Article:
Sediment phosphorus release sustains nuisance periphyton growth when nitrogen is not limiting
Sediment phosphorus sustains nuisance periphyton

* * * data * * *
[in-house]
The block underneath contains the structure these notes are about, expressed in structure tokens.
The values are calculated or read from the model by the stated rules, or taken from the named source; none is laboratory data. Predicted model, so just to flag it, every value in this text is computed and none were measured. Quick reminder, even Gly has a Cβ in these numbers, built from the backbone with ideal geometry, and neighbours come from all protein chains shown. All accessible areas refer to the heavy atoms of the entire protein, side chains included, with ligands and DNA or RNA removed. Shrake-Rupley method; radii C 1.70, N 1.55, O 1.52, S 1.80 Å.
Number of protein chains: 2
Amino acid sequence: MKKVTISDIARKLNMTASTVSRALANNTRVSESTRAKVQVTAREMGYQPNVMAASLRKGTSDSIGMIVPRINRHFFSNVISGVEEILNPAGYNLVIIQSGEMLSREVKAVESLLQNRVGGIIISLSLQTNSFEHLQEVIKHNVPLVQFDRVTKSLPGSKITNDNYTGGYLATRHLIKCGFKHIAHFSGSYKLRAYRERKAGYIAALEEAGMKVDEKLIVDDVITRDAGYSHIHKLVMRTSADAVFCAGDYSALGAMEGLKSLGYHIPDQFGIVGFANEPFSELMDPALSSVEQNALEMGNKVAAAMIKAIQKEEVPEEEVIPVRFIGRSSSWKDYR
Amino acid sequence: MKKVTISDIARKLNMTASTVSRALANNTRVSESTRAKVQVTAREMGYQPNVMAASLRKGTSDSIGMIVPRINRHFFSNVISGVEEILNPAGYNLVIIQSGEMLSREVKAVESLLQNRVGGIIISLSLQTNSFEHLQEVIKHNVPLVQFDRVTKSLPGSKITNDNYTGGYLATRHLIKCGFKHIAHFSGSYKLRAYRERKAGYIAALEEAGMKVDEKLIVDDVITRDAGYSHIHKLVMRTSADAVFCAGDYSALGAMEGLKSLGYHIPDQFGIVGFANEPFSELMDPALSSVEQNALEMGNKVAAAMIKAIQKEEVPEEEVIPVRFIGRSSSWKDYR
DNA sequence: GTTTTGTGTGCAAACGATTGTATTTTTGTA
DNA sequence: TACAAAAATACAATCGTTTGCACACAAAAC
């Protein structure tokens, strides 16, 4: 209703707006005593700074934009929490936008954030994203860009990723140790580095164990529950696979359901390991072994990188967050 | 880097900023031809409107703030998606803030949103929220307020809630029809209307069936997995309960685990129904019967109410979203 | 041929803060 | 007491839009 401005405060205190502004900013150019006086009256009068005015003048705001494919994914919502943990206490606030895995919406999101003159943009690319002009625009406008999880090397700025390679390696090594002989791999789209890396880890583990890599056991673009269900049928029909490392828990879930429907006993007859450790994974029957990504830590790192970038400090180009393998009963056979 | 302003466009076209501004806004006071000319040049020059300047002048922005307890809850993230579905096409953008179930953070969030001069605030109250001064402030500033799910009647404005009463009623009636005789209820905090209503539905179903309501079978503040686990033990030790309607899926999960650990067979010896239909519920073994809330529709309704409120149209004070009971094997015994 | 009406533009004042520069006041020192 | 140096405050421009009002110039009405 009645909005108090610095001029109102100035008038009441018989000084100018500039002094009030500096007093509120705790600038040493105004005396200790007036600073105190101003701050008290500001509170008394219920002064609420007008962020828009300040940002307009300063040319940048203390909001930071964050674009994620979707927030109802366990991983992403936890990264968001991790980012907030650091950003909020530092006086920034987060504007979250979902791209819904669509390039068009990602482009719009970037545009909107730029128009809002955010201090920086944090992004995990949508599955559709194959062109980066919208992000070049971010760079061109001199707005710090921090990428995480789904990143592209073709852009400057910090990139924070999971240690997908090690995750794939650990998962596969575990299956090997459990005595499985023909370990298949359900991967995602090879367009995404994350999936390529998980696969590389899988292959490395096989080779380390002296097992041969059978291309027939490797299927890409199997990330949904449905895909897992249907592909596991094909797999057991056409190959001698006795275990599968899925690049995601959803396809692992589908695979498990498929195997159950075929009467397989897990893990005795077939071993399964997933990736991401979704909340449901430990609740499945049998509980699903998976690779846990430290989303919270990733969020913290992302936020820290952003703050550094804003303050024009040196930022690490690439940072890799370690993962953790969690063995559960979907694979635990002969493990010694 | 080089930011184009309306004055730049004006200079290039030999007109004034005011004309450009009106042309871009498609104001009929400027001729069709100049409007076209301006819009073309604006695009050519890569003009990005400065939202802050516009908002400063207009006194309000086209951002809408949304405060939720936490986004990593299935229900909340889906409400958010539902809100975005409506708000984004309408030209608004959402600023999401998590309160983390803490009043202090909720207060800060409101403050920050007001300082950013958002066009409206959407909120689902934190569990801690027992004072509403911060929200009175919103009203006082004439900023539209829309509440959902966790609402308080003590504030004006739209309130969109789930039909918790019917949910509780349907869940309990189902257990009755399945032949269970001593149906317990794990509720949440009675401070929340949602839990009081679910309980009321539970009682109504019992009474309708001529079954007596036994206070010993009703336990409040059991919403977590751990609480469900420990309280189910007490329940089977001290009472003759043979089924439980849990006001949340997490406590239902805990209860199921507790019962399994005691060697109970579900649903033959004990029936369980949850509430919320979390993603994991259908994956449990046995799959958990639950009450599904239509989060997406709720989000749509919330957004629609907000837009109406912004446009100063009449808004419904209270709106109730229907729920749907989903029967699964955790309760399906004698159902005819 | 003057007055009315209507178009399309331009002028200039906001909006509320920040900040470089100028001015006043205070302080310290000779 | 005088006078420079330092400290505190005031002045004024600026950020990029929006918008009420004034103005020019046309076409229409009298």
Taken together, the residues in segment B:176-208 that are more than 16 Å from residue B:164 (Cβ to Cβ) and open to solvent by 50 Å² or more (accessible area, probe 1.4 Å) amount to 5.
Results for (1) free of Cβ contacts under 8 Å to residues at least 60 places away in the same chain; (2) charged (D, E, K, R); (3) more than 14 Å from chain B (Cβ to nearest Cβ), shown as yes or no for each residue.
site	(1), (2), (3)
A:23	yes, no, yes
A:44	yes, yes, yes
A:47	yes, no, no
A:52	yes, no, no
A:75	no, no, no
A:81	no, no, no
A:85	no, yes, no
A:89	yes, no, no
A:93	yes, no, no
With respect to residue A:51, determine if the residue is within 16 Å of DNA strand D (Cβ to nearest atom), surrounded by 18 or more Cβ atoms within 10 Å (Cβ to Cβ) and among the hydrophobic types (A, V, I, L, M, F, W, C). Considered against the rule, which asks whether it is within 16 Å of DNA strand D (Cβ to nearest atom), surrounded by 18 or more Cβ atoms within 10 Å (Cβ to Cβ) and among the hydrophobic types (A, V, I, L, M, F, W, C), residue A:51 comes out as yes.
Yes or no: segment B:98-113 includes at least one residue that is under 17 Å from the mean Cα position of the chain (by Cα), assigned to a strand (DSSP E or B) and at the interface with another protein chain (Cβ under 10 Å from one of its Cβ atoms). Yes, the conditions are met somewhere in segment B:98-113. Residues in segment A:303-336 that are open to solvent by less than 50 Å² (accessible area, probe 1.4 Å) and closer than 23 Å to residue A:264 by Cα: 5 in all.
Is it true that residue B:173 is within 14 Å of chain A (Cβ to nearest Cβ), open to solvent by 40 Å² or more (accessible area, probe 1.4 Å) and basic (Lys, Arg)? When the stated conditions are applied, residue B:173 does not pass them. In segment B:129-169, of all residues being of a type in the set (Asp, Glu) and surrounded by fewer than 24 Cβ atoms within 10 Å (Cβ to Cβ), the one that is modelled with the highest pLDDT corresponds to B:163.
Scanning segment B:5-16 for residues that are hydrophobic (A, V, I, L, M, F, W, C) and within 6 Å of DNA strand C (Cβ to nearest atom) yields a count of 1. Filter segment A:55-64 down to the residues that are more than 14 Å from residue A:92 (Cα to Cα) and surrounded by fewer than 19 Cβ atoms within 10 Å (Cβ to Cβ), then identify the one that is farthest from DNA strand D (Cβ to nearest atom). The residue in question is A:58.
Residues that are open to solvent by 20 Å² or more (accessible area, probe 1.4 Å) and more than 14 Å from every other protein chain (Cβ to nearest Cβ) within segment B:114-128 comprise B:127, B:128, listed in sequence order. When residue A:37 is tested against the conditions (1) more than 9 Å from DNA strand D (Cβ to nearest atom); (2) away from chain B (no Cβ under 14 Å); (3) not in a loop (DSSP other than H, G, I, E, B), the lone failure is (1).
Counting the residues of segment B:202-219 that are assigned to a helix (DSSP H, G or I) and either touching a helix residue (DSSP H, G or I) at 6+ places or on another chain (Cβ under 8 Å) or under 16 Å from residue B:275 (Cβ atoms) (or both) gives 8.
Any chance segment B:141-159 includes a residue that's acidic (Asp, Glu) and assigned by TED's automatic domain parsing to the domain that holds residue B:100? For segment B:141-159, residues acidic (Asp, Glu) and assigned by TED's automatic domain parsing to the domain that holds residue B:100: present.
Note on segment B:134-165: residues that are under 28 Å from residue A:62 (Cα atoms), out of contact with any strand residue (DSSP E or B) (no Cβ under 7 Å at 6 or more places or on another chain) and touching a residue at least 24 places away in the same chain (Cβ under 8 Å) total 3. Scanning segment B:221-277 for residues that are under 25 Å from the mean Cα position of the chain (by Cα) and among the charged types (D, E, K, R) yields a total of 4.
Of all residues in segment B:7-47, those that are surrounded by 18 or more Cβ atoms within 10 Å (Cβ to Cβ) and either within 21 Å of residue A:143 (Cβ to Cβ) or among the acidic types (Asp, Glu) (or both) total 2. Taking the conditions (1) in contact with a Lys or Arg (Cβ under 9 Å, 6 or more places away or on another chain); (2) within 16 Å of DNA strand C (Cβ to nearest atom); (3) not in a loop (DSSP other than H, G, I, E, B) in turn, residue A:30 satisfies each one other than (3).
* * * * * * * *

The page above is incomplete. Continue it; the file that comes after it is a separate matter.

Nuisance periphyton growth influences the aesthetics, recreation, and aquatic life of waterbodies. Partners Lake is a shallow spring-fed lake in the headwaters of the Illinois River Watershed in Cave Springs, Arkansas, that experiences nuisance growth of periphyton (i.e., Spirogyra spp.) each year. The ratio of dissolved nitrogen (N ~5.0 mg L-1) and phosphorus (P ~0.030 mg L-1) in the lake water (N:P≥288), as well as nutrient limitation assays, suggests that periphyton growth should be P-limited. While the water column lacks sufficient P to promote growth, the sediments have the ability to release P to the overlying water; P-flux ranged from 1.63 mg m-2 d-1 to over 10 mg m-2 d-1, reaching final concentrations of 0.08 to 0.34 mg L-1. However, soluble reactive phosphorus concentrations were consistently at or below 0.030 mg L-1, in the lake, suggesting that the periphyton were likely immobilizing P as quickly as it was released from the sediments. In the lab, maximal periphyton growth (~30 to 35 mg m-2) occurred in the 0.10 to 0.25 mg L-1 P treatments, over a 6 day incubation period. Similar levels of growth occurred when lake sediments were the P source, suggesting P released from the sediments is sufficient to support nuisance algal growth. We need to begin managing the legacy P stored in the sediments, in addition to external P loads, because internal P can sustain nuisance periphyton biomass when N is not limiting.
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